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Gone are the years of the traditional pensions and 30+ years with one company. Today, people need to be much more reliant on their own means of saving, investing, and planning. It’s definitely a hard task when there is so much data out there, so many “wants” eating at your ability to save, and most importantly the know how on where to start.
Regardless, with the Great Recession burned into our near term memory I think most would agree that NOW is the time to be more aggressive with taking our retirement plans into our own hands. Point blank…you need to start and start now!
Here are a few step by step tips to get started on creating your own pension:
Build up a large sum of cash
Behind every good pension is a large sum of cash that will help protect your investments and secure your financial future. A good start point would be at least $25,000, but preferably closer to $100,000. Sounds easy doesn’t it! Ha!
Tip: try and contribute the lowest amount to your 401(k) or 403(b) to get your company match and save the rest in cash. This will help you take advantage of your company’s “free money” and build up your cash hoard.
Every great pension fund firm has their client’s pensions spread across hundreds, if not thousands, of investments to diversify their investments. Your “self-pension” should be no different. (fyi: You’d be setting up your pension with great risk if you were to only invest in a handful of investments.) First off, know what percentage ratios of stocks, bonds, and cash you want your traditional investments to look like. Your traditional retirement products could be a total of 75% of your total pension portfolio. Look at other alternatives, like tax liens, being a landlord, gold or silver, or mutual funds (dynamic mutual funds or managed payout funds), to round out the other 25%.
For the portion of your stock holdings it’s important to focus on companies with good balance sheets, low debt, and most importantly provide a good dividend. These quarterly dividends will help paying yourself every three months, and lighten the burden on your bond and cash investments.
Tip: prior to retirement invest 100% of your dividend stocks back into purchasing more stock, and post retirement only take out the dividends. Never touch the principal investment.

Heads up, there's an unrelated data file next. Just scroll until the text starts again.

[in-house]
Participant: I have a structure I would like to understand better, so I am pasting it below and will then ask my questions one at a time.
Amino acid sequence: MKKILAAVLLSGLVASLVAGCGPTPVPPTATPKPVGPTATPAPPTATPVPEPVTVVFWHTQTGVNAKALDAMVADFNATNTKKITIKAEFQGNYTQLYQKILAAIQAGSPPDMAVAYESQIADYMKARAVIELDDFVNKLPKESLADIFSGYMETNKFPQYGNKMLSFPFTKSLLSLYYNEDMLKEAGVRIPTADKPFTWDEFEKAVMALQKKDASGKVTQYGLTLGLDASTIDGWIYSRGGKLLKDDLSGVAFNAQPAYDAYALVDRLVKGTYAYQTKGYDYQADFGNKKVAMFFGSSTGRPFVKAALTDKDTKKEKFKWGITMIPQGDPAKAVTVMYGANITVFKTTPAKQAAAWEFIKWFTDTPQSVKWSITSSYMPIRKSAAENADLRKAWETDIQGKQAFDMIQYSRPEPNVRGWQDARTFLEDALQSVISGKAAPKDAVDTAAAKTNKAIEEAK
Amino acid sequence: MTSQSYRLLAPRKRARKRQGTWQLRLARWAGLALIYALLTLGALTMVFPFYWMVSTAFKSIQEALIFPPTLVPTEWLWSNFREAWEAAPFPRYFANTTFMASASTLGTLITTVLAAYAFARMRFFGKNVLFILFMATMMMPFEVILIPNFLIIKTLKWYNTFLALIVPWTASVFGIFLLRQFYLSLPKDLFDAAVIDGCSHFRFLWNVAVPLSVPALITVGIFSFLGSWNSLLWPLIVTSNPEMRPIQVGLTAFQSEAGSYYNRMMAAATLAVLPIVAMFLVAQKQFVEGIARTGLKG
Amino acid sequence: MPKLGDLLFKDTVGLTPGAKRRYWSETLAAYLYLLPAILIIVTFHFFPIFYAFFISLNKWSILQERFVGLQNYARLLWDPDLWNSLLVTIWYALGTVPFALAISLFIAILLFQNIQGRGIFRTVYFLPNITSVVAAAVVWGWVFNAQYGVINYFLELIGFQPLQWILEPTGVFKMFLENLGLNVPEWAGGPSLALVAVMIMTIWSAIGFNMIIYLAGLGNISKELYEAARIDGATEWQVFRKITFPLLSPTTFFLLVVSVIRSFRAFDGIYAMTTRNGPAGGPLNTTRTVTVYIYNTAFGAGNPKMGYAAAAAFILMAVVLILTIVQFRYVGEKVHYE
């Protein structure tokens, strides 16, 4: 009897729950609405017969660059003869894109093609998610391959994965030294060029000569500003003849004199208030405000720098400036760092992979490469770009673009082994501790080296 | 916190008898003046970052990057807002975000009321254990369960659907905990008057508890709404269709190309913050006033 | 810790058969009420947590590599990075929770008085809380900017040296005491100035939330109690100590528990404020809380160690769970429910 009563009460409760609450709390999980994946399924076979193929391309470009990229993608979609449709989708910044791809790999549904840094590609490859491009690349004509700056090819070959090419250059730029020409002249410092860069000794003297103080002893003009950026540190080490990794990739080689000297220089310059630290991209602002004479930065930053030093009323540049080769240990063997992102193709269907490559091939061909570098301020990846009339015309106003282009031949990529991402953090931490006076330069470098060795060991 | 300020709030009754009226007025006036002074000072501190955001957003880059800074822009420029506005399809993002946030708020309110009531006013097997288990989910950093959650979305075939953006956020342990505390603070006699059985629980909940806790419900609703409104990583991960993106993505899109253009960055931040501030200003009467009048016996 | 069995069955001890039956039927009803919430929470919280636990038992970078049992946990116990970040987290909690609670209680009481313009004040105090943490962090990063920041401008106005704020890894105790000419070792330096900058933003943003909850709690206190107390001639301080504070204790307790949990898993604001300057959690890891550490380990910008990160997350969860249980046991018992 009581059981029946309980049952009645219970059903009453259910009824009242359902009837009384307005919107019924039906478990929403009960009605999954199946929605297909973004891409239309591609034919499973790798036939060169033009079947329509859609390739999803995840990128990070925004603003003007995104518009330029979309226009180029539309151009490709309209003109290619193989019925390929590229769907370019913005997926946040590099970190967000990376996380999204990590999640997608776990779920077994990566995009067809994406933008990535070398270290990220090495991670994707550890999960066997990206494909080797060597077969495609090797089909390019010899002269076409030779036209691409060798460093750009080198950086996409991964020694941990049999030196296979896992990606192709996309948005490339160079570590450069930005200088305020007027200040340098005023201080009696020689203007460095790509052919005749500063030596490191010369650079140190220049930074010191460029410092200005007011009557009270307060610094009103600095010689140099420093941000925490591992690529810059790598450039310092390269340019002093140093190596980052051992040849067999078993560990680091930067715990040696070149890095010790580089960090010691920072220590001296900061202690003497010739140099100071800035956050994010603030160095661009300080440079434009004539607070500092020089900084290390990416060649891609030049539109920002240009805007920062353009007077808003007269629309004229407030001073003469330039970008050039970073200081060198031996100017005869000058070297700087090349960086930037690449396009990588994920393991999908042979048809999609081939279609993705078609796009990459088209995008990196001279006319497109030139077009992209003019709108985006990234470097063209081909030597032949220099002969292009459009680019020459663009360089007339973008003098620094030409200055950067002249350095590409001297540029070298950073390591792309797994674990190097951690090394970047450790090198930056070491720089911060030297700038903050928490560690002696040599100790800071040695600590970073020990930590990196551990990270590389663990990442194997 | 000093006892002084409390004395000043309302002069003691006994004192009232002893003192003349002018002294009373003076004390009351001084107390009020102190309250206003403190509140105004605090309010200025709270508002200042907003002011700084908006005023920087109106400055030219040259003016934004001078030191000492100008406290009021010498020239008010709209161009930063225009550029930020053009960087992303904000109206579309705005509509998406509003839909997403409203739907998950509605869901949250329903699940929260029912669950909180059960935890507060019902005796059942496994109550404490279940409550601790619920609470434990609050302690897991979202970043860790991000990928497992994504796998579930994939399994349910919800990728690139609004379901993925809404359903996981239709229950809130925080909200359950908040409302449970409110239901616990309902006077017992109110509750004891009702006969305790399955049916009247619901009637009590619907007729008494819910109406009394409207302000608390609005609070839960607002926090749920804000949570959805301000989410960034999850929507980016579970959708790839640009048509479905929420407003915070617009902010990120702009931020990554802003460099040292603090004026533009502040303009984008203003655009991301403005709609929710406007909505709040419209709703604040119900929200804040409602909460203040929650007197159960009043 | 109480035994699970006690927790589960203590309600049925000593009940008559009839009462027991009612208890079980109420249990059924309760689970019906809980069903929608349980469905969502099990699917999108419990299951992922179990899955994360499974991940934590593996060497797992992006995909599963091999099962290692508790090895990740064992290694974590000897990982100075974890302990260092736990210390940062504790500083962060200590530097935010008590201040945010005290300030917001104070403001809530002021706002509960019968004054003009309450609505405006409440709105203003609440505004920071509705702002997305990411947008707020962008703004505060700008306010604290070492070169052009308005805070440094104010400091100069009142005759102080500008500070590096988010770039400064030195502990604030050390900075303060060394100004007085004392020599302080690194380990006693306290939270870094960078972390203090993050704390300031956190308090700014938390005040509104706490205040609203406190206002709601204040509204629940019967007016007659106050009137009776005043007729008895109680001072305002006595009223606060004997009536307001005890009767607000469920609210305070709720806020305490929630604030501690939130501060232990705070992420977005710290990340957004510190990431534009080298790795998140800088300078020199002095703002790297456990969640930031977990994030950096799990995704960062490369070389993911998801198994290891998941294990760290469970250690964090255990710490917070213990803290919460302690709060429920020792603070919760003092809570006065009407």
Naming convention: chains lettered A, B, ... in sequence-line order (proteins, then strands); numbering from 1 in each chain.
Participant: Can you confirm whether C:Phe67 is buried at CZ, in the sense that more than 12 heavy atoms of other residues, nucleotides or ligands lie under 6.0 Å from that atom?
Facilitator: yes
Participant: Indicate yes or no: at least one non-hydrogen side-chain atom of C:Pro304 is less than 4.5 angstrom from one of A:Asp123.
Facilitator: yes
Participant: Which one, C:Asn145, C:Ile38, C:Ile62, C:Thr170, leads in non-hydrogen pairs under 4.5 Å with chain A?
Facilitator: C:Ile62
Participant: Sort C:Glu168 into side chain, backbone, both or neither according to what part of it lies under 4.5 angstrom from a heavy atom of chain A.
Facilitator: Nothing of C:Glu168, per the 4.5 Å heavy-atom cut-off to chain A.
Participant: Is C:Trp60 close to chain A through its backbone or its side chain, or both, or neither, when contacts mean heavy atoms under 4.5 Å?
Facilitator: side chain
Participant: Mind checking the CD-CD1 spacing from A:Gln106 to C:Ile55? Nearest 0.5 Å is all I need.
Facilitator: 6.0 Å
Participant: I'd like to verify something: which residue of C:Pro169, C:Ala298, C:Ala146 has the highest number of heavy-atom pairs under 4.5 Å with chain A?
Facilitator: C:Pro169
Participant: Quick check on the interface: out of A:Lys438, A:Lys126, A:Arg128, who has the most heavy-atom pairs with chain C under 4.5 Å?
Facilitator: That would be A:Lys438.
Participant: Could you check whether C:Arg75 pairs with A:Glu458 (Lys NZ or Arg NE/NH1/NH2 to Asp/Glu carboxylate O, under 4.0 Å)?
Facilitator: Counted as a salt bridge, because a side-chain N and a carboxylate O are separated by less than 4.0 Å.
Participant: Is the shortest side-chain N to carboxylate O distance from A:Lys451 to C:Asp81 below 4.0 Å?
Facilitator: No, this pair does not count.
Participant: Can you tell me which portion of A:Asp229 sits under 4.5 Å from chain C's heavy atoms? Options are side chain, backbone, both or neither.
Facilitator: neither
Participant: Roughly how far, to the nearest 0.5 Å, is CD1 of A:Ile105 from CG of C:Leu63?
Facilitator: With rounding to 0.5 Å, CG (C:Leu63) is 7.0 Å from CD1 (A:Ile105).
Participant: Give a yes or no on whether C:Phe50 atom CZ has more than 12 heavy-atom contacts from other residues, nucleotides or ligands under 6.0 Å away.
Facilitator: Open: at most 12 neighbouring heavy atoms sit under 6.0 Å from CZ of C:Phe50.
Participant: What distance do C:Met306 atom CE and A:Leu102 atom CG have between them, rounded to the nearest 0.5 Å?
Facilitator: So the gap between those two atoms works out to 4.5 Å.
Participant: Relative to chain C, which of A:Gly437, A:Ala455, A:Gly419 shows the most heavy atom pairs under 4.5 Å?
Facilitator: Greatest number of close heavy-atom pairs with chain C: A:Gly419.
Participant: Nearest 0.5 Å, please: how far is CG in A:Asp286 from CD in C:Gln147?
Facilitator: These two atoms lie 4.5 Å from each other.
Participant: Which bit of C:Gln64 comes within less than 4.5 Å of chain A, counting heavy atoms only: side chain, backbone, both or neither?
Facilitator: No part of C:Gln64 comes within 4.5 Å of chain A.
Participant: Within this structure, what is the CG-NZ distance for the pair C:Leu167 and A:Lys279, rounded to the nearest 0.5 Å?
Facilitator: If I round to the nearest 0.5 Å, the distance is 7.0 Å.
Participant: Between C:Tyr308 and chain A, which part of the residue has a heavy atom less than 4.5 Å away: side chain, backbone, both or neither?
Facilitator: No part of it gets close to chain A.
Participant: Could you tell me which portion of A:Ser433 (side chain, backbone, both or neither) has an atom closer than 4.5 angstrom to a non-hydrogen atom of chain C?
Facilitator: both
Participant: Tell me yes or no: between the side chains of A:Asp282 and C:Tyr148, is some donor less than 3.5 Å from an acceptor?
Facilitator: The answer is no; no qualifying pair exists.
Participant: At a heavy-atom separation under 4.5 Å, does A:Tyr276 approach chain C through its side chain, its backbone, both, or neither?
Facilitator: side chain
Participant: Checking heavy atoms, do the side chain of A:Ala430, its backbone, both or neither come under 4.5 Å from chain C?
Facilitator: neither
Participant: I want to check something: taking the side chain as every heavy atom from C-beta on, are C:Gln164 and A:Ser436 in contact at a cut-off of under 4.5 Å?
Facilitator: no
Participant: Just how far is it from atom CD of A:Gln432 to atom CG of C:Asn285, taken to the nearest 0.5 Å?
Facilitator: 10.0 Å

Multiple income streams
Like I’ve written about before, a good retirement plans switches the mindset of dumping X percent into a 401(k) and changes your savings into “multiple streams of income.” By creating your self-pension, its a good opportunity to leverage these residual income streams into your overall retirement picture.
FYI: The big push here is to move away from solely relying on your employer retirement plan, and relying more on your self directed investments (post tax).
Annuities are in themselves a self contained pension. The problem is most annuities require a large initial sum of money ($100,000+) and won’t allow for further investments. Once you get to retirement look at purchasing an annuity to help stabilize your overall investment portfolio. This idea will further help diversify your pension investments and ensure the long term livability of your monies.
Know how much you need
For a lot of people a big hurdle in moving into retirement is knowing how much you’ll need to last to the end of your life. From each investment you should have specific dollar amounts you need to generate from them every month (post retirement). Write these values down in order to have an objective to get to. This way you’ll know if you are on track with each income stream. With a typical company pensions they offer pension estimate calculators. These calculators help you determine how much you’ll get at estimated retirement dates (what-if scenarios). Since you’re directing your own pension, then the responsibility is on you!
Since I’m such a graphical guy I usually need to see what this self-pension looks like. Above is a example of how you can conceptually look at this different retirement perspective.
I’d be interested to here how some of our readers have created or are creating their own pension? How are you using annuities in your overall portfolio? What do you do to help stay on track?